It's not exactly Sybil or the Three Faces of Eve, but there is definitely another personality living somewhere inside my beloved. This person doesn't surface very often, and when she does appear it's usually near the end of a night.
I call her DJ LK because, well, because when this person appears LK decides it is time for her to take control of the music system and choose the songs for the rest of the night. Or, in some instances, the song (singular) since if she really likes one a lot we can hear it over and over again.
I first encountered DJ LK more than a quarter of a century ago. It was the first Christmas I spent with her and the kids. That night DJ LK decided that Jackson Brown's "Running on Empty" and JJ Jackson's "But It's Alright" needed to be put on a continuous loop. I know the kids tired of it, but I felt I was learning something about the woman I love. Since we were living on Jackson Street, I thought it may just be some sort of organizational thing where she felt we could only listen to people named Jackson. Thank God they hadn't released "Thriller" yet.
When we moved to Oz, DJ LK showed up quite often. We often found her cranking the volume and playing the soundtrack from "The Phantom of the Opera". Need I add, over and over again with no other songs in between. I never wanted to delve too deeply into what was going on in her head that she loved this particular album, but I do know that after several back-to-back plays, I did consider throwing a chandelier at her.
Of course, we were dealing with turntables and/or CDs back then. You might think that the advent of the iPod would make it easier for DJ LK to vary the musical selections. But then you would be mistaken, for the very essence of most of DJ LK's shows is to listen to a great song over and over until you know every little hiss and pop in the background.
DJ LK has shown up several times in recent years when we've had others around. I know Caroline has dealt with her. I am pretty sure Jason and Laura retreated to their room on more than a few occasions. But last night, it was me and me alone who spent a wonderful evening with DJ LK. And I have to confess that we had a full and varied playlist for the evening and it was fun.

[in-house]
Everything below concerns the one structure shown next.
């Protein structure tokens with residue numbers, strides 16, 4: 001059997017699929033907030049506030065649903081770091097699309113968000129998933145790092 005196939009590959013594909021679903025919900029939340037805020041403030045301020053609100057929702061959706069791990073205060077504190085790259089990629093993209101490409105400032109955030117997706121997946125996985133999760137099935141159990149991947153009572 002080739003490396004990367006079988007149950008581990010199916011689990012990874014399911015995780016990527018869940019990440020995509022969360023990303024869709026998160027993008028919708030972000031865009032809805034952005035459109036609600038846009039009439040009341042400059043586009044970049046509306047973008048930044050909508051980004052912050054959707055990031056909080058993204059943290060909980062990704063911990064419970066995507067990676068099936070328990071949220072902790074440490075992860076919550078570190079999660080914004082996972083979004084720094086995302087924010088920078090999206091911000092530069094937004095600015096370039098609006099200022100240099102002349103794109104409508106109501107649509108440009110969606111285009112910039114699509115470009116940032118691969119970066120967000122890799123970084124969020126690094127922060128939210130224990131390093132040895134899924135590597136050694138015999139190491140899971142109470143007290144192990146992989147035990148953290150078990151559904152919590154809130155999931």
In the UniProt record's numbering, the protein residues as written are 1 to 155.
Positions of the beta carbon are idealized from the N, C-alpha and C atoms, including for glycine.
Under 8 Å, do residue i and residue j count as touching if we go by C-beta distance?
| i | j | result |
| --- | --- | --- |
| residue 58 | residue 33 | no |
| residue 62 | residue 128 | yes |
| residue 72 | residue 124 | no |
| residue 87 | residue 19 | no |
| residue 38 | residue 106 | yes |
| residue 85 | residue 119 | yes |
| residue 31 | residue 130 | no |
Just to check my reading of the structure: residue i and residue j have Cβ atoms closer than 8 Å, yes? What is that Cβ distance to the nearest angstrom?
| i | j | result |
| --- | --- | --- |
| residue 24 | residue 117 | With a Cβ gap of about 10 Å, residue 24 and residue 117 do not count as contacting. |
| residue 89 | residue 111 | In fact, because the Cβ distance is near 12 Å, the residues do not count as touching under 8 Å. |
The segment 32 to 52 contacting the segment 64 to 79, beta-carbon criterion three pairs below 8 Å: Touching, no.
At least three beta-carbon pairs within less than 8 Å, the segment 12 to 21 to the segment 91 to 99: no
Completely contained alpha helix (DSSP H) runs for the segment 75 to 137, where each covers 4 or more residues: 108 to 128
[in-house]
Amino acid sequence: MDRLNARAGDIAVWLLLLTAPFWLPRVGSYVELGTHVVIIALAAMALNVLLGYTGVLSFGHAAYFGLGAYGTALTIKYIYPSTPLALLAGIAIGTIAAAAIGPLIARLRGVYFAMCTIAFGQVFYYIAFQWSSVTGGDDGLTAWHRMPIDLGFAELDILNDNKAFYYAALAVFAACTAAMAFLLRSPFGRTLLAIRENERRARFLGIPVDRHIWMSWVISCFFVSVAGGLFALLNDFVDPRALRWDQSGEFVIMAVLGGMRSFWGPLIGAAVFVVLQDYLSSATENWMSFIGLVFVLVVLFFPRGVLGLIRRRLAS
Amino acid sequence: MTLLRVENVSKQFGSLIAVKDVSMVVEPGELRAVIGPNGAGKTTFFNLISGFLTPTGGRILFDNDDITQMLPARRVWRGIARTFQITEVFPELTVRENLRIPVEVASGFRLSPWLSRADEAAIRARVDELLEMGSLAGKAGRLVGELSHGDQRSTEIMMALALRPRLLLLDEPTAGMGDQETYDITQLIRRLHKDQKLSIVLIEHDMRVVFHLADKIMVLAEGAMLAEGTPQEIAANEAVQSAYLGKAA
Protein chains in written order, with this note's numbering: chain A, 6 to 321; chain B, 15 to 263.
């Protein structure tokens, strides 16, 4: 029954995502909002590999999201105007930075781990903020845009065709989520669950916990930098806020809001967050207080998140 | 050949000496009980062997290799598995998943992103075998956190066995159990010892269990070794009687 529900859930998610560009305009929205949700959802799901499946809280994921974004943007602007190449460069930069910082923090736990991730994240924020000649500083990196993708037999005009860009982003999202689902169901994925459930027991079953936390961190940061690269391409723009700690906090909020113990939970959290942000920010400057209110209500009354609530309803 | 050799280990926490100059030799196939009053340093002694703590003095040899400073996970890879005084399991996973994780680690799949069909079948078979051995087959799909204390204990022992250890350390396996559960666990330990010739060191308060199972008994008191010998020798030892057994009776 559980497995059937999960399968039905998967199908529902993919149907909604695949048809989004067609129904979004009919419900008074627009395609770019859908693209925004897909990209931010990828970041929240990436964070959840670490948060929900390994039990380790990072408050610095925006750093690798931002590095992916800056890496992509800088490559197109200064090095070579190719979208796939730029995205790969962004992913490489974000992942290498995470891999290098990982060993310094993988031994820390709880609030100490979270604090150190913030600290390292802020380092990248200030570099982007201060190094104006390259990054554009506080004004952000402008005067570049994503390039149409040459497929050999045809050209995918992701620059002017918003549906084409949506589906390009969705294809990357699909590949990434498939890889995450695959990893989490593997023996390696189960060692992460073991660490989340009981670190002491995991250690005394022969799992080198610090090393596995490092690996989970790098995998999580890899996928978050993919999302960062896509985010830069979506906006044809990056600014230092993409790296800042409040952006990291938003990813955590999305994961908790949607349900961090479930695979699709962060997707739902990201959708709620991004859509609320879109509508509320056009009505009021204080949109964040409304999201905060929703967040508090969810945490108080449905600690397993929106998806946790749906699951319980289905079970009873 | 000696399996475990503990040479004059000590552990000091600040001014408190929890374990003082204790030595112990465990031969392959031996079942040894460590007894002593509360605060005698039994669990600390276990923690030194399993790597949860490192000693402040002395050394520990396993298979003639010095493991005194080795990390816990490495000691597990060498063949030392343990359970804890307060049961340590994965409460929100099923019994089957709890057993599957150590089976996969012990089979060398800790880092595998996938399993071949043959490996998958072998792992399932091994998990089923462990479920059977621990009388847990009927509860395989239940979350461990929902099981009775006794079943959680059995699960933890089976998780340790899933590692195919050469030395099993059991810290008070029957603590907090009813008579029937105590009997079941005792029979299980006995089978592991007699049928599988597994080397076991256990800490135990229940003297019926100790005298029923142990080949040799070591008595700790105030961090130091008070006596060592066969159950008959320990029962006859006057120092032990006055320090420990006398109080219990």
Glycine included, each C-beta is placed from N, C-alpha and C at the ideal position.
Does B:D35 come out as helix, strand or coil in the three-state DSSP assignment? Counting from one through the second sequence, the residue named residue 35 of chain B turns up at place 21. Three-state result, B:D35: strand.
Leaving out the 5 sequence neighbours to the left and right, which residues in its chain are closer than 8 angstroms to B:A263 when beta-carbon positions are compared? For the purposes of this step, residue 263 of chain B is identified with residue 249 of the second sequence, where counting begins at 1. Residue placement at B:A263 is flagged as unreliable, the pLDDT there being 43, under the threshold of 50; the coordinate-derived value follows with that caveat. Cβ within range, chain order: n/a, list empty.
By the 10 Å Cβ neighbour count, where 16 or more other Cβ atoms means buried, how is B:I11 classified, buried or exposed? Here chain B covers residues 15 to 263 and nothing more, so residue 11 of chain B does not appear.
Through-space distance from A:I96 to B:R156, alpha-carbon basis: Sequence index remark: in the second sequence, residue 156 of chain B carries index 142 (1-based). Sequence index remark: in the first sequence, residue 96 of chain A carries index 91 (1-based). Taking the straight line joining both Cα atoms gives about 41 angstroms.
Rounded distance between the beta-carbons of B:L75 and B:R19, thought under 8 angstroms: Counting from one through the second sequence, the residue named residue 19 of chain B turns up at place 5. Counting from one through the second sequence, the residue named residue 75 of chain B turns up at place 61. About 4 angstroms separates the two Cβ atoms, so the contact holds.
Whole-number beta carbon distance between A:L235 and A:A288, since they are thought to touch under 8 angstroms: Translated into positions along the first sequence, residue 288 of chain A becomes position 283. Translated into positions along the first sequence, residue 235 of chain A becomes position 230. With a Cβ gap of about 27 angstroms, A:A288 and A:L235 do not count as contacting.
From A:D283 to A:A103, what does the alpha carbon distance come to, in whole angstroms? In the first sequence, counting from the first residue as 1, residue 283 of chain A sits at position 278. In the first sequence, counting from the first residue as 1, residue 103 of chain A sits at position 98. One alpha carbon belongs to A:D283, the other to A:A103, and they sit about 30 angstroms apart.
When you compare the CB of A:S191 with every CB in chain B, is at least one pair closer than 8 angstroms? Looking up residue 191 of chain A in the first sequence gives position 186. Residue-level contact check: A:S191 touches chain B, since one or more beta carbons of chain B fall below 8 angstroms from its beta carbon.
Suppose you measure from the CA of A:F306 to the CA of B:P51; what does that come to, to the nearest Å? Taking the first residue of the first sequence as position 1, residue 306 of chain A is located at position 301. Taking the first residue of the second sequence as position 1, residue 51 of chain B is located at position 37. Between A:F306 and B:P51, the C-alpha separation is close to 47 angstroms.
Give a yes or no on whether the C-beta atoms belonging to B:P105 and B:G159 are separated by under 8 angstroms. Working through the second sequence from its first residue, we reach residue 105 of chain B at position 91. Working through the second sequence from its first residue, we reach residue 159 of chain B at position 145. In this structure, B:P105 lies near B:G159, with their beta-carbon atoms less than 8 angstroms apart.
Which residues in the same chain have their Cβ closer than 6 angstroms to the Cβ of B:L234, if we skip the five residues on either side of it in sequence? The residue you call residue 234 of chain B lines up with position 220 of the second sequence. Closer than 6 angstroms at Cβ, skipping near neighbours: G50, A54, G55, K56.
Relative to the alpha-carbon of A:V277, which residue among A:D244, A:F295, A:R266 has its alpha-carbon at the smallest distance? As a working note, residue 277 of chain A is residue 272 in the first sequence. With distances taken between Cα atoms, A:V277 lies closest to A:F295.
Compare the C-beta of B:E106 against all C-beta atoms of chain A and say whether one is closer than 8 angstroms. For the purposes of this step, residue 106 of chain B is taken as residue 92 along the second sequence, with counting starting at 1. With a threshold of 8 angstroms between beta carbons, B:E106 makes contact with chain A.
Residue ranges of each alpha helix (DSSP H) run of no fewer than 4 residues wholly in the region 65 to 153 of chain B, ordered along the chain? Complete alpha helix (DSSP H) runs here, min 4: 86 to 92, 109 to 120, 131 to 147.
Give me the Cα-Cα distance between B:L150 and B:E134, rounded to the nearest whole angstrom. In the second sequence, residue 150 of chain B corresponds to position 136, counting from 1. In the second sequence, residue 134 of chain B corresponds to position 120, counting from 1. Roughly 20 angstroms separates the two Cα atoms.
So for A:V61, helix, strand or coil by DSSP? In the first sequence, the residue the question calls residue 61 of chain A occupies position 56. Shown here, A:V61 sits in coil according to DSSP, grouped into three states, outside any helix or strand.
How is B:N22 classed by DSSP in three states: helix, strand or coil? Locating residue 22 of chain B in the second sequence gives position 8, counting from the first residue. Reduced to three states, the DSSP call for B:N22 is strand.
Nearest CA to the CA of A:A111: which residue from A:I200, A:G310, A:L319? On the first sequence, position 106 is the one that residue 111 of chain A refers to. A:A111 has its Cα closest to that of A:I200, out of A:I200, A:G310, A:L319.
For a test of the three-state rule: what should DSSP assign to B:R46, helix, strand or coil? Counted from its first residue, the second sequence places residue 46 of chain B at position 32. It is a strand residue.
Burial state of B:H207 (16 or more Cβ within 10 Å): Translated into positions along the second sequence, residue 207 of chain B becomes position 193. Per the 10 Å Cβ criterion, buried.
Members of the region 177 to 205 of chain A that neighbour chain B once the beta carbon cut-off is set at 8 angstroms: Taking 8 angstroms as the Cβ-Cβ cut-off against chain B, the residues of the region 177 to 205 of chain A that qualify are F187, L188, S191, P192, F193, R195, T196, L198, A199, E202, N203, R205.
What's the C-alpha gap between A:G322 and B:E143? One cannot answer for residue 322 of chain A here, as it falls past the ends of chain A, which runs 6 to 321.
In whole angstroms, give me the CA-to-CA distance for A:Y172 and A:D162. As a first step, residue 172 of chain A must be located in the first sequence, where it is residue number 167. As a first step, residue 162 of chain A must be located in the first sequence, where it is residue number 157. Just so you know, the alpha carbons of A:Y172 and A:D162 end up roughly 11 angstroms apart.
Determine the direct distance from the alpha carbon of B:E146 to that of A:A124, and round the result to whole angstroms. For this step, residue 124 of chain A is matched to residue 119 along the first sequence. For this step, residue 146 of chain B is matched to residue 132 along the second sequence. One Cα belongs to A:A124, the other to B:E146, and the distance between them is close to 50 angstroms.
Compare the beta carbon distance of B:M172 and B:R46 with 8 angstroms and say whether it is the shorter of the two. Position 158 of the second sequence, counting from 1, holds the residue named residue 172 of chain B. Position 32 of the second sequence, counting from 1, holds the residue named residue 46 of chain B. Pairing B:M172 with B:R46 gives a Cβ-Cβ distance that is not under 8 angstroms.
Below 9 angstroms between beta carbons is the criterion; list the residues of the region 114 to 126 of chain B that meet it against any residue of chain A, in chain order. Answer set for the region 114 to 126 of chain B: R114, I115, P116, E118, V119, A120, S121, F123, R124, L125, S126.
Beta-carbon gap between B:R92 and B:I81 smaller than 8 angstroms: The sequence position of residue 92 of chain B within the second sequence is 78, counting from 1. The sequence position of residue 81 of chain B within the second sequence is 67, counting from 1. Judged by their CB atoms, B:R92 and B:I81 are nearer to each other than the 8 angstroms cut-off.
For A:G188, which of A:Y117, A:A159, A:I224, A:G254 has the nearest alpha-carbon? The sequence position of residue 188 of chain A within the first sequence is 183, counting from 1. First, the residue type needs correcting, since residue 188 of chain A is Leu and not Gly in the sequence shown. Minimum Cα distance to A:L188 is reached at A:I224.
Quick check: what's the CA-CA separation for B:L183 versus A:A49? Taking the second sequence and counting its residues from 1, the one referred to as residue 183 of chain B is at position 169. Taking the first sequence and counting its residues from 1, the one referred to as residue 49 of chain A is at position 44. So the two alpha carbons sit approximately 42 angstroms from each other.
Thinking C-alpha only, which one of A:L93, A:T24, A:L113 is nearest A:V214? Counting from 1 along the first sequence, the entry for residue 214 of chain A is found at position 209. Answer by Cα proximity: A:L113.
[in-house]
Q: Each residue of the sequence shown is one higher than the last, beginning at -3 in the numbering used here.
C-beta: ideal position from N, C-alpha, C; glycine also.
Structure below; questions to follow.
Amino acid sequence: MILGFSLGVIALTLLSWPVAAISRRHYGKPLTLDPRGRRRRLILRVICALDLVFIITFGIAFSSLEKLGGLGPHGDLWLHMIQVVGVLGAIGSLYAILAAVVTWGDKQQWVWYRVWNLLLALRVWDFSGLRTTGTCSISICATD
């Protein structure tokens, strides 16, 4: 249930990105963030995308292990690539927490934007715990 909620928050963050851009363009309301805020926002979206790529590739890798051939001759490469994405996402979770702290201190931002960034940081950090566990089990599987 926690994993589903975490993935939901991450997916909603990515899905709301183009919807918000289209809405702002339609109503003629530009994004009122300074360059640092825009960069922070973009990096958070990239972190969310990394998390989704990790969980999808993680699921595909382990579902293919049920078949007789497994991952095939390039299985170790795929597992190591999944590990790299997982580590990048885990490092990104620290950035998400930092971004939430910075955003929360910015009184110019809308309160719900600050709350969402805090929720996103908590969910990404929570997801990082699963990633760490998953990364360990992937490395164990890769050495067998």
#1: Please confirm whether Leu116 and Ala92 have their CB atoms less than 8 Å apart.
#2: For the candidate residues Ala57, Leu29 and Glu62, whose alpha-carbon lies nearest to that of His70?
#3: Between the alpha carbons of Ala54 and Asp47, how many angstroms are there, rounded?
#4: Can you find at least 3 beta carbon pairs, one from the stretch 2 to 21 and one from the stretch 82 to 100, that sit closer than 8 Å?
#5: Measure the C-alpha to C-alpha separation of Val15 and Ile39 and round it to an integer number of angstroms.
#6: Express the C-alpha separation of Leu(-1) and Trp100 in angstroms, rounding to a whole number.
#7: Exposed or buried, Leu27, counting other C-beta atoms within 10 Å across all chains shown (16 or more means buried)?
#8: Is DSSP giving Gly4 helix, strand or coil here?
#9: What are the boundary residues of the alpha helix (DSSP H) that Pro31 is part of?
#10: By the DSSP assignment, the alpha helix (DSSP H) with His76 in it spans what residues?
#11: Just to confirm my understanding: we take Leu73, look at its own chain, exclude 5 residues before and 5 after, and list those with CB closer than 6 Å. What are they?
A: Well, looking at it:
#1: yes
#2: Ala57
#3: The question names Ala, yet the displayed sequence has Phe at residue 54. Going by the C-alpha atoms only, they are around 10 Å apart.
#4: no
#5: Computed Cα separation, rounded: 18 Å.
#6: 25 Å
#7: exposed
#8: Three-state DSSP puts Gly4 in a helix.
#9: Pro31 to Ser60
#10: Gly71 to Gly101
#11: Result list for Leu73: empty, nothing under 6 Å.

It started when she turned the iPod to Leonard Cohen's "Dance Me to the End of Love". "This is the best song in the world," she said. We danced in our room to the 72-year-old and ended with a long kiss. "Wow!" I thought, "this is going to be a fun night.
DJ LK then told me that she wanted me to play this song at her funeral. So much for the effects of my soul kisses.
I asked her if that meant she was replacing her funeral song from "You Can't Always Get What You Want" or adding to it. "Replace," she said firmly. "Things change."
The performance was interrupted after a few more Cohen songs because the next song on the playlist was Manfred Mann's "Pretty Flamingo". And unfortunately, we didn't have it. So we had a brief break while I downloaded it. Then it was back to the 60's.
Listening to it, DJ LK smiled and proclaimed, "It's the best song in the history of the world."
"Pretty Flamingo?" I asked with more than a bit of disbelief.
"Many DJs consider it a great song," said DJ LK as if that resolved this discussion. She then added, "It's a very short song, unfortunately."
I then asked her if perhaps her fondness for "Pretty Flamingo" might have more to do with some moment in her life than its musical merit.
"No," she said, "it's a great song. . . but there was this boy named Cletis. . ."
Here we are, married a quarter of a century and I never suspected my wife had ever ever ever had a crush on someone named Cletis. The things you learn.
Anyhow, I thought you might enjoy DJ LK's playlist from last night.
Dance Me to the End of Love, Leonard Cohen
Pretty Flamingo, Manfred Mann
Crazy, Patsy Cline (No, I have no idea how that snuck in, either)
Graceland, Paul Simon
Diamonds and Pearls, Prince
In the Air Tonight, Phil Collins (OK, I'm starting to think we kind of got stuck in the Ps on the iPod list of singers. Fortunately, that got fixed next with . . .)
Let's Dance, David Bowie
The Tide is High, Blondie
A Dion trilogy of :
Teenager in Love
Oh What a Night, The Four Seasons
Sherry, The Four Seasons ("This was the best song of our teenage years," said DJ LK, momentarily forgetting "Pretty Flamingo".)
Big Girls Don't Cry, The Four Seasons (cut short "I don't like this song that much.")
Lonely Teardrops, Jackie Wilson
Cry, Johnnie Ray (It was only when I was writing this that I realized she had snuck in a three-song bit about crying. See how good she is!)
Tennessee Waltz, Patti Page
Blue Bayou, Linda Ronstadt
Don't, Elvis Presley (And she did have 30 other Elvis songs to choose from!)
And then DJ LK ended the tour de force with Van Morrison's "These Are the Days". Which she played five or six times. Do you know why? Well, I'll let her explain, "This is the best song ever written."